Energy return wheel

From Wikipedia, the free encyclopedia
Jump to: navigation, search

The Energy Return Wheel (ERW) is an airless tire designed by Brian A. Russell. The ERW is registered under the company name "Britek Tire and Rubber", with the aim that their product will be used primarily in automobile and truck markets.

The first patent was applied for in 2002, the same year Britek was founded, in the United States of America.[1] Since then there have been several more applications in the domestic market[2] and internationally, including China.[3]

The two first prototypes were built and tested on a 3,000 lb (1,400 kg) family car.[4][5]

The secondary market is on bicycles, for which prototypes have been constructed and tested.[6]

Structure and Function[edit]

The ERW is constructed of two major parts, the inner rim & structure that mounts on a standard pneumatic wheel vehicle axle, and the outer rim that has a rubber membrane on the inner side with a tread on the outer side.

The construction requires connection between the inner and outer, this was originally by coiled spring and has now been replaced by stretched rubber, the manufacturer claims this gives the elastic feature for which the product is named, it is not clear if this translates to improved efficiency or if the increased environmental cost of manufacture outweighs this. Due to the nature of these tyres, replacement is likely to be prohibitively expensive and difficult compared to a standard pneumatic tyre.

The innovator, Brian A. Russell, claims the following, it is however unsubstantiated and scientifically inaccurate:

An object that is sprung requires dramatically less energy to move than an unsprung object. In addition to the use of springs, an object can be sprung by stretching rubber. Scientists call this “Elastic Potential Energy.” At the center of the ERW is a layer of rubber. Through the use of adjustable rods, the rubber is stretched, which stores elastic potential energy in the wheel, turning the ERW into a 360-degree slingshot that retains energy (hence the term “Energy Return Wheel”). When the ERW is attached to an object, that object becomes sprung. The attached object becomes de-weighted and requires dramatically less energy to move than an unsprung object. Less energy to move means an increase in fuel efficiency.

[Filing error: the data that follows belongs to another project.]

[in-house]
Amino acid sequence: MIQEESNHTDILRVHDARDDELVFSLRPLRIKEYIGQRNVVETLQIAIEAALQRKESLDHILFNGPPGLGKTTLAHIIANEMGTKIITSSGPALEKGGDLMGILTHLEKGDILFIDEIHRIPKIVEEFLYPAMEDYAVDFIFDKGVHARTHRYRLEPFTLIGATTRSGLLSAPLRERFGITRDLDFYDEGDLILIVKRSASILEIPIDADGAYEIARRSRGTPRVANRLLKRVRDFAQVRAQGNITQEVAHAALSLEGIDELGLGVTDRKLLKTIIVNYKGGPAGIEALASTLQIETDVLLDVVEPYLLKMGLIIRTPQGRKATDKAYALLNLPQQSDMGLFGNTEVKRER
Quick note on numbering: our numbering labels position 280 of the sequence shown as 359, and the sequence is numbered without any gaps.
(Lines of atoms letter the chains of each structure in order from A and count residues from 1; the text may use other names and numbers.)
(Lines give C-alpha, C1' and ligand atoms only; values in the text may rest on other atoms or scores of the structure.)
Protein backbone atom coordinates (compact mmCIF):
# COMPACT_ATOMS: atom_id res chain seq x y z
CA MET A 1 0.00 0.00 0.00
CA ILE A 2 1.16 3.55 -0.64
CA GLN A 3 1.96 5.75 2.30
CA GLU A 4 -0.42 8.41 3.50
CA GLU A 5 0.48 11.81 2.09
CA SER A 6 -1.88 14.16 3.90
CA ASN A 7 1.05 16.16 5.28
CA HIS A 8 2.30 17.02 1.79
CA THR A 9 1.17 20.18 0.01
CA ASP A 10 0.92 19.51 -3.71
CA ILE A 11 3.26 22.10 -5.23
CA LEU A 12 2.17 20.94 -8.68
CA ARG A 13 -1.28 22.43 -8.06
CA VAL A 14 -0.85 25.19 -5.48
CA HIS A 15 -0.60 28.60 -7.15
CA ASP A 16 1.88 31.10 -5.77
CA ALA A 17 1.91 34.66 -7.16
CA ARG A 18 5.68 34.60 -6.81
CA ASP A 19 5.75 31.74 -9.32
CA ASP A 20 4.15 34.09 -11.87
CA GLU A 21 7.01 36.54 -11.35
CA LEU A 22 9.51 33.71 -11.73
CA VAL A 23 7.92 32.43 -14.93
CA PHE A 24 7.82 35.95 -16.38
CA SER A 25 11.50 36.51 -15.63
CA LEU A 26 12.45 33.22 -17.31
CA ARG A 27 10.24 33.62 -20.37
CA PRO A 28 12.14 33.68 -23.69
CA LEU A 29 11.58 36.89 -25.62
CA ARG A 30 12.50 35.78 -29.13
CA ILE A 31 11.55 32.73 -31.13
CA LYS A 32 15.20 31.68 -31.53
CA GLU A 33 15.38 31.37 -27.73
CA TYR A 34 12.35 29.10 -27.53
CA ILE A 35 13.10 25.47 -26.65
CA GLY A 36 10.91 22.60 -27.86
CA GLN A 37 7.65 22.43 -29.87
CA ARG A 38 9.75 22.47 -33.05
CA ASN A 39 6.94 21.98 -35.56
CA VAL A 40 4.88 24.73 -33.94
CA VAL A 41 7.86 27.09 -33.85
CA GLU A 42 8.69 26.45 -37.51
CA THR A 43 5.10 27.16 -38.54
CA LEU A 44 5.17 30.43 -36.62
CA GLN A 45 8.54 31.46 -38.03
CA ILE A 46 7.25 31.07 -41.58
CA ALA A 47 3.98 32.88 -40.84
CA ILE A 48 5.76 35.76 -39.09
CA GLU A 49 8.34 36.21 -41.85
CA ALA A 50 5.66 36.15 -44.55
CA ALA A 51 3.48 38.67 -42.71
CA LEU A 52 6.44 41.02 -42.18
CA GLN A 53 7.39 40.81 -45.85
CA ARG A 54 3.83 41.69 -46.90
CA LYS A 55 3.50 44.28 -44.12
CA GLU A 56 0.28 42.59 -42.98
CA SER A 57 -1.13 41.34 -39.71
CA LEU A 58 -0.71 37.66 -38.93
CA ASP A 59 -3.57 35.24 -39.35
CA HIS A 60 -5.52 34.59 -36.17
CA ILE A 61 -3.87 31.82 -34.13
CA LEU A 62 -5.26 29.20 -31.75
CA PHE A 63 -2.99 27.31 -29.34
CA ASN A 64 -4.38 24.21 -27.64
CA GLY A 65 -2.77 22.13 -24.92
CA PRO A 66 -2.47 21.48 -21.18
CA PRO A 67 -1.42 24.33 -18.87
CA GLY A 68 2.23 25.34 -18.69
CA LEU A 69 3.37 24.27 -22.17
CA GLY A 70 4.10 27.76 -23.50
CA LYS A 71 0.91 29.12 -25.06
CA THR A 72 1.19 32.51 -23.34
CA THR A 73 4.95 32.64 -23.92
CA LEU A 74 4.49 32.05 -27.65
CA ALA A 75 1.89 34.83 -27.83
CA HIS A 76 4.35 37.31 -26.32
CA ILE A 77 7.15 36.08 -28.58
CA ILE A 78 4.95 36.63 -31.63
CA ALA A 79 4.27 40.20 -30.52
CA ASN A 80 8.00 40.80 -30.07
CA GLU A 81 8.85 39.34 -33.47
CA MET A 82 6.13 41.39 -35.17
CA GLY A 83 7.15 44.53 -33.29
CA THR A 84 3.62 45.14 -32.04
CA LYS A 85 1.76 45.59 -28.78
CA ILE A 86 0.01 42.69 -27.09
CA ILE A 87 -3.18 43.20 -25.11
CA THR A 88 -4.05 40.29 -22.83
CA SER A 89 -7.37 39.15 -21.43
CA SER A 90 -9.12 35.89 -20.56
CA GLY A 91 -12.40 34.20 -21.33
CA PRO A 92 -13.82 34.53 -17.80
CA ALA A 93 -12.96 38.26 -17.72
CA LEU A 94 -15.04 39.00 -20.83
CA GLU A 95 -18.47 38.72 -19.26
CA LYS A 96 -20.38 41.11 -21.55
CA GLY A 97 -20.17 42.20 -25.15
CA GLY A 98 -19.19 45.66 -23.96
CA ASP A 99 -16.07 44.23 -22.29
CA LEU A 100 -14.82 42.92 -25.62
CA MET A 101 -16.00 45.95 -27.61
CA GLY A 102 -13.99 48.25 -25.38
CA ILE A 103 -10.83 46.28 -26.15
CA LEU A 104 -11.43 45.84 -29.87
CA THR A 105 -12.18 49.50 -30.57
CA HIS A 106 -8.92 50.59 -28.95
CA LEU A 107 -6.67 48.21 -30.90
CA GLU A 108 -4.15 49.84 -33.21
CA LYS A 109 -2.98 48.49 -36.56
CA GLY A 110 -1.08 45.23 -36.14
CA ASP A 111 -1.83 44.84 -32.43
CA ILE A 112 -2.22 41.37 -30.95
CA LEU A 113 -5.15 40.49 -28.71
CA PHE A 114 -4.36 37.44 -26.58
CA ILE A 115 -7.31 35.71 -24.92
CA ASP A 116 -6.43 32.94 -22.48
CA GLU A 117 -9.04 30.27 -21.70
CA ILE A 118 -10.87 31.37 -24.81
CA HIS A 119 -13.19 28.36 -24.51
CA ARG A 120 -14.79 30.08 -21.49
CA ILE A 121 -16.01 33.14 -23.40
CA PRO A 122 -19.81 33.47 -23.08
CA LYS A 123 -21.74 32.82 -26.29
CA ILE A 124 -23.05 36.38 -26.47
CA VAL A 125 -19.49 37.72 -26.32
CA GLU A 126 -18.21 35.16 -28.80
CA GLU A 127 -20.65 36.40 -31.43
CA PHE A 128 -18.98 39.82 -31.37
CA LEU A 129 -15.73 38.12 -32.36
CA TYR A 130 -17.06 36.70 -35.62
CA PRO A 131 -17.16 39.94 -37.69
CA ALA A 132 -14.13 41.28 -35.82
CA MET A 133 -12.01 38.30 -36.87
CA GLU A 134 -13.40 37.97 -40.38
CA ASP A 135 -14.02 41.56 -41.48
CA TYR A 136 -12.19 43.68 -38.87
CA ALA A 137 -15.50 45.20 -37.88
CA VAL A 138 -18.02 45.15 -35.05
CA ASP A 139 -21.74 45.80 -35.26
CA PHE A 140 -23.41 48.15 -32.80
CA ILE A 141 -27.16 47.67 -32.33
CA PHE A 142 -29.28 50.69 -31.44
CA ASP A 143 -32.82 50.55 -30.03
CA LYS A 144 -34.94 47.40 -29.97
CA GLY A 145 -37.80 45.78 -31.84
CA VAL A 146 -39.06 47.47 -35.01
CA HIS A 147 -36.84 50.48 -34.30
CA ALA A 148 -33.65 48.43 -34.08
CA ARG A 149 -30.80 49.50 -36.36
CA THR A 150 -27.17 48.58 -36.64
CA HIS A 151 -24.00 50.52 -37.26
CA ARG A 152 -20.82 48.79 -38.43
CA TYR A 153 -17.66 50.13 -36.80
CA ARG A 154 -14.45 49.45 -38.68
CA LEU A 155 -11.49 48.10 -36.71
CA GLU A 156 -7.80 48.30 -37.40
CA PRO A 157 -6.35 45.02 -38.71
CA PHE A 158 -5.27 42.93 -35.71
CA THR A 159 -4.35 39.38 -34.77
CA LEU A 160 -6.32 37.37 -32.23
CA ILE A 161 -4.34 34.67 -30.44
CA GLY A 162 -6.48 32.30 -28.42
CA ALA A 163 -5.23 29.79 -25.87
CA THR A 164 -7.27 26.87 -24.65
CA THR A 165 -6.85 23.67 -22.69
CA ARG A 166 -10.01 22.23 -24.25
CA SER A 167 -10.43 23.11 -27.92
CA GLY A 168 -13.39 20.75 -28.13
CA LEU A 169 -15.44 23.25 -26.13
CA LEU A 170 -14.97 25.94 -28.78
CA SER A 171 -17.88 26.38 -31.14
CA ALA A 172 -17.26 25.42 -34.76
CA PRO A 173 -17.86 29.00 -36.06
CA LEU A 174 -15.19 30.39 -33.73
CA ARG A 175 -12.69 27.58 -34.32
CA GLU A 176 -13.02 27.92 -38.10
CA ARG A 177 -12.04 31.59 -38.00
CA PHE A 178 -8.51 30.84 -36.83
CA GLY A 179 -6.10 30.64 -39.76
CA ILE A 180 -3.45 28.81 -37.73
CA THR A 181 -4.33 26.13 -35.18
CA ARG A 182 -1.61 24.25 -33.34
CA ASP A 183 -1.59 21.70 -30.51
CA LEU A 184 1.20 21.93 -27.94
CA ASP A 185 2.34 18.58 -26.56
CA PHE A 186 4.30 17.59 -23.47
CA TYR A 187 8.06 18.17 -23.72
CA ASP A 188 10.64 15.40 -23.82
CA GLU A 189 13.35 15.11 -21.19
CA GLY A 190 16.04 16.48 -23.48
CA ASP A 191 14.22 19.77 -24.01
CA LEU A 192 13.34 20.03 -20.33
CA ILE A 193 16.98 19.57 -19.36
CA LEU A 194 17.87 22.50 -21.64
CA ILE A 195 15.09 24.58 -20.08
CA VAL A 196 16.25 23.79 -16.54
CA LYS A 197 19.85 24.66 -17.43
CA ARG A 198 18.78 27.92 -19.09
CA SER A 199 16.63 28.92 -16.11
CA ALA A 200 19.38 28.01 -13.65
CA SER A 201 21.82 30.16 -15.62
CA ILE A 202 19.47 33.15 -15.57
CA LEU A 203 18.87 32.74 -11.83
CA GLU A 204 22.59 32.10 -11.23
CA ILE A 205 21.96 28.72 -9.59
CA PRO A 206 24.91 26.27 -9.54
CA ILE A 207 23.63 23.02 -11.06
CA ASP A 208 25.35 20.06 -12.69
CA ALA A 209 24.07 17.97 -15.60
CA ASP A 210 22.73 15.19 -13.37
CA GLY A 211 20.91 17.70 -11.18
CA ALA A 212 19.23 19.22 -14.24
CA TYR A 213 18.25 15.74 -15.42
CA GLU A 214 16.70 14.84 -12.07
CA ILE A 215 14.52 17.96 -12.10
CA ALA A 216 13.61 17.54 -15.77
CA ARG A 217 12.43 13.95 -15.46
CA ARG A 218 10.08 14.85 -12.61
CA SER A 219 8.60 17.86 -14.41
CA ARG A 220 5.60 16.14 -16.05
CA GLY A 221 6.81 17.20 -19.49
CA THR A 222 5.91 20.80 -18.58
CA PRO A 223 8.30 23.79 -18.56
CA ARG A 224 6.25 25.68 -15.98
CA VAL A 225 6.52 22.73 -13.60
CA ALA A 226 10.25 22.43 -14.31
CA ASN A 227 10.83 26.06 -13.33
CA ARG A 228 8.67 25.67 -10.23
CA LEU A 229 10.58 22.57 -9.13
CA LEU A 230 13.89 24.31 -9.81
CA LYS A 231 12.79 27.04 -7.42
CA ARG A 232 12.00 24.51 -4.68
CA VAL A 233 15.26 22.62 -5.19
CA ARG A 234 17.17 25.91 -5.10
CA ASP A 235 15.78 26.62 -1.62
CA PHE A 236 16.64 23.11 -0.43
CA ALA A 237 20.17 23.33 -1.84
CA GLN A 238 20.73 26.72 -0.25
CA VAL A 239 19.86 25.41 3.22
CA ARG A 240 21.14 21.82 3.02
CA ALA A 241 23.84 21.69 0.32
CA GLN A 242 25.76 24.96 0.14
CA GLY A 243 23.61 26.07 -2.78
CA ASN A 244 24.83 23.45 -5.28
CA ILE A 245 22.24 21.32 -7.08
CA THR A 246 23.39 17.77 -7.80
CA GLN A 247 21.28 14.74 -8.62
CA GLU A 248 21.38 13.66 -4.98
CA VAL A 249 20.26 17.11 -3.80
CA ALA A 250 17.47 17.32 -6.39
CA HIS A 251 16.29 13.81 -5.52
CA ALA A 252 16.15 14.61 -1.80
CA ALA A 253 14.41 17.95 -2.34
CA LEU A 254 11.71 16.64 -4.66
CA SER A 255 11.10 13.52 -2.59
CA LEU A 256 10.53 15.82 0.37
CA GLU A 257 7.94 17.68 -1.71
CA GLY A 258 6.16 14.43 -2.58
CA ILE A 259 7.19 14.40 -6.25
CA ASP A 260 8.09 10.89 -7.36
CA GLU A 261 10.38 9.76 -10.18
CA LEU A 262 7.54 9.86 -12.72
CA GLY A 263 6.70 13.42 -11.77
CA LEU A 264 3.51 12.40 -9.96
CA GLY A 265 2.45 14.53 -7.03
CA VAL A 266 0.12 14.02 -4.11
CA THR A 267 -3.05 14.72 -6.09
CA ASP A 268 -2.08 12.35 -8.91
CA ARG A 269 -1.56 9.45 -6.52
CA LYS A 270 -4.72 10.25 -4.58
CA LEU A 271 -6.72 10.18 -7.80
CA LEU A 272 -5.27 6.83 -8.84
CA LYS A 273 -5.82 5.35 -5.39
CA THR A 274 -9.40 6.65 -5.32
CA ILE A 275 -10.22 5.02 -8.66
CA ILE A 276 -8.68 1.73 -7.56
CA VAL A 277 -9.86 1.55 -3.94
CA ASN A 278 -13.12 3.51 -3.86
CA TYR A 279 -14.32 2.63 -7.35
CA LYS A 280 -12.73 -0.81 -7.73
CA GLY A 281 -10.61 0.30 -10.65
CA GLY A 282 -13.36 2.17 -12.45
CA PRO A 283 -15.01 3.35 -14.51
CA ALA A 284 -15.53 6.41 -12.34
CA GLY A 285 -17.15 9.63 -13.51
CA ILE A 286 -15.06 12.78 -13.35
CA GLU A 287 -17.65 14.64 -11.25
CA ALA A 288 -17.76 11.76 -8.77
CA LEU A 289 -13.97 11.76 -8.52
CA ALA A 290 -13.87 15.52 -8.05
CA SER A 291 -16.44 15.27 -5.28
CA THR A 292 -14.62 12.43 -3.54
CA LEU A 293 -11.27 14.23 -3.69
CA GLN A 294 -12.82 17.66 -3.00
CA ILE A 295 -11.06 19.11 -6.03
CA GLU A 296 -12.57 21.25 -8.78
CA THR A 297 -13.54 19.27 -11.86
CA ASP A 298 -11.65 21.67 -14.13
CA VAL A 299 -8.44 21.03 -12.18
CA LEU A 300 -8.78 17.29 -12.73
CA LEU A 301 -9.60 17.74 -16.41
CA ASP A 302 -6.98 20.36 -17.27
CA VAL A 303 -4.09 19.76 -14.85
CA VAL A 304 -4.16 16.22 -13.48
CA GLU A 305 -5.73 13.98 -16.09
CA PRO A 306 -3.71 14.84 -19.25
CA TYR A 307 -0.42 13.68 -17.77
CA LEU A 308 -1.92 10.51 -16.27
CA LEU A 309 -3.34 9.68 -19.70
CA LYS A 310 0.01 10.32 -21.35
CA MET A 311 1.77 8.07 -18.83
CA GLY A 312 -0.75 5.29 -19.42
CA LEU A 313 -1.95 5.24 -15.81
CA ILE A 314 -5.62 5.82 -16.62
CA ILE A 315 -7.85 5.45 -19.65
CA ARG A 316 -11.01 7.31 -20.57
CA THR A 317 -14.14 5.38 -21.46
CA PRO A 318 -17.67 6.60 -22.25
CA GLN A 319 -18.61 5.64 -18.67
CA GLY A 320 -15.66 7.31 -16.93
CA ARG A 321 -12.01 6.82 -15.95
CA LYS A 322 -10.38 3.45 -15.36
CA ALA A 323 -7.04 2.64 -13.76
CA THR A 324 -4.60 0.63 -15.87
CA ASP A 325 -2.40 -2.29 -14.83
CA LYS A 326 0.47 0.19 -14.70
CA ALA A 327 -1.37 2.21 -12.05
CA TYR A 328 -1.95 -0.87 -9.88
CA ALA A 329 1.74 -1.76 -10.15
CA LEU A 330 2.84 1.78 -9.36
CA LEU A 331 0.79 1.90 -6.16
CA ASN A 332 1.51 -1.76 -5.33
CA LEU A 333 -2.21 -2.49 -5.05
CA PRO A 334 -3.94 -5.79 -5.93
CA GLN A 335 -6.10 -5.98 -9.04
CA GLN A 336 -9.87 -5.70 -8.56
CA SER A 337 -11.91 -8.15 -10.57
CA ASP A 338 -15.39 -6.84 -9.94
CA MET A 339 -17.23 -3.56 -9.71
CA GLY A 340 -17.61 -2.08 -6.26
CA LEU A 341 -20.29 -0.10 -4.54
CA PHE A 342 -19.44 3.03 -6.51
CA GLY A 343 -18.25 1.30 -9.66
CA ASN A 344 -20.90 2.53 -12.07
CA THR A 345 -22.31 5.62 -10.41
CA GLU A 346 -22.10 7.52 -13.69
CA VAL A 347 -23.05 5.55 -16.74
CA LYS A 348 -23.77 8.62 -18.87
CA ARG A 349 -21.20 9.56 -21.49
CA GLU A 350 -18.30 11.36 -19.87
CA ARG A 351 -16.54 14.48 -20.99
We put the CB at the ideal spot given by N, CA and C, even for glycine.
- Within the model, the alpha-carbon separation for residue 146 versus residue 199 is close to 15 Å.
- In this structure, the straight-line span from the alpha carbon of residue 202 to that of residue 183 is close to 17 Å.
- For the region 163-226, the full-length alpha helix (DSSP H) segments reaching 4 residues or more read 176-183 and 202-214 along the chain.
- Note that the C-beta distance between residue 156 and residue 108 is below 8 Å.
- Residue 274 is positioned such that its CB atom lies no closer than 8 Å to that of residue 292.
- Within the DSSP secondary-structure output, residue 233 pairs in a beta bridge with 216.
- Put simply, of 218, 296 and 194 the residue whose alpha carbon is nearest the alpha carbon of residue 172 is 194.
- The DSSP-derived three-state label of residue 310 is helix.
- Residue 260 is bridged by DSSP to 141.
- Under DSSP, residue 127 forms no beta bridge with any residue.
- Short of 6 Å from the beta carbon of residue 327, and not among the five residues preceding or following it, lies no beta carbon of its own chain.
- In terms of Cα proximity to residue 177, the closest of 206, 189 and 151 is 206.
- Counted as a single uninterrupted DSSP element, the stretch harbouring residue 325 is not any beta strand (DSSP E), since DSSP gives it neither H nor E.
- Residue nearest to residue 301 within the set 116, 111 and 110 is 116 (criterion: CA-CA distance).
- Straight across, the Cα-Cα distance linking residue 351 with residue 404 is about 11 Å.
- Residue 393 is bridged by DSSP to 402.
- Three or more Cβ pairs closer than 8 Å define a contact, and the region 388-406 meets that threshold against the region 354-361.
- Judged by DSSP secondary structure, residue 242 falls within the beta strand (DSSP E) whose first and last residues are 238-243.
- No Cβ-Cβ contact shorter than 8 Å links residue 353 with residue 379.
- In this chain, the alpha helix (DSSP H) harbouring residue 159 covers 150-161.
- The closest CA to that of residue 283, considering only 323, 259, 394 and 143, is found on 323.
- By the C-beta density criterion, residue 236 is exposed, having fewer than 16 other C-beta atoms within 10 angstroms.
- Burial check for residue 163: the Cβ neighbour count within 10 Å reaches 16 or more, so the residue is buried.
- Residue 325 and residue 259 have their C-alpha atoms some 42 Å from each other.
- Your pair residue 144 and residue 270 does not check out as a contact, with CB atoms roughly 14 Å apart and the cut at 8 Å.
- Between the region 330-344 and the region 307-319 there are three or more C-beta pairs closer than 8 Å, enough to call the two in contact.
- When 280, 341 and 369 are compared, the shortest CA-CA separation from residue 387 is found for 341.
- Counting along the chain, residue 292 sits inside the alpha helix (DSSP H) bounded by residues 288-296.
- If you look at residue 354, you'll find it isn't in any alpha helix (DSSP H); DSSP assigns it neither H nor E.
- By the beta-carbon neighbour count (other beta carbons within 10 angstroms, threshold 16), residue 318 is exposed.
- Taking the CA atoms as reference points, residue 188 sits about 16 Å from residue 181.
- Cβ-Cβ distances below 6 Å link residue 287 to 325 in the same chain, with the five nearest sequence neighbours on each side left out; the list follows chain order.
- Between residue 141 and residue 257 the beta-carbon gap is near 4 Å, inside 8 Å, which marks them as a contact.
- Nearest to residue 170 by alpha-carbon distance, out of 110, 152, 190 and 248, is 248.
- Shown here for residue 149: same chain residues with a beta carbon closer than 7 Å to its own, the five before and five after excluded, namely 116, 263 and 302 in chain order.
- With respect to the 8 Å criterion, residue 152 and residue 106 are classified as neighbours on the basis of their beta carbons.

In theory, when a car is riding on ERWs, it will be like riding on 4 slingshots. This “Slingshot Effect” could cause a dramatic improvement in the car’s acceleration. Because the ERWs could de-weight the car, its braking performance should also be improved. Because the ERW doesn’t have a sidewall like pneumatic tires, there shouldn’t be any lateral sidewall deflection when the car is cornering. No sidewall deflection means an increase in handling performance as well.

Corporate stance and goal[edit]

Britek claims ERW improves fuel efficiency and increases performance by reducing the amount of energy lost through tire deformation, this does however reduce grip as less rubber is in contact with the road at any given point.

Britek markets their product as follows:

To dramatically reduce our dependency on foreign oil, in addition to upgrading new vehicles, we need a technology that can be put on vehicles that are already on the road! The great thing about the ERW is that it can replace a vehicle’s wheel and tire. This means the ERW can be put on any vehicle, whether it is new, used, car or truck. The ERW is not a competitor to hybrid, electric, hydrogen, ethanol, biodiesel and other fuel saving technologies. Quite the contrary, because it will only make vehicles using these technologies more efficient.

External links[edit]


  1. ^ Company information
  2. ^ Registered Patents: US6701985, US7104297, US20100013293 on Google patents
  3. ^ Patent 03817173 (in Chinese)
  4. ^ First prototype, 2008 and rolling resistance test, showing improved rolling resistance against a standard pneumatic tire.
  5. ^ Second prototype, 2010
  6. ^ Cycling: road and off-road applications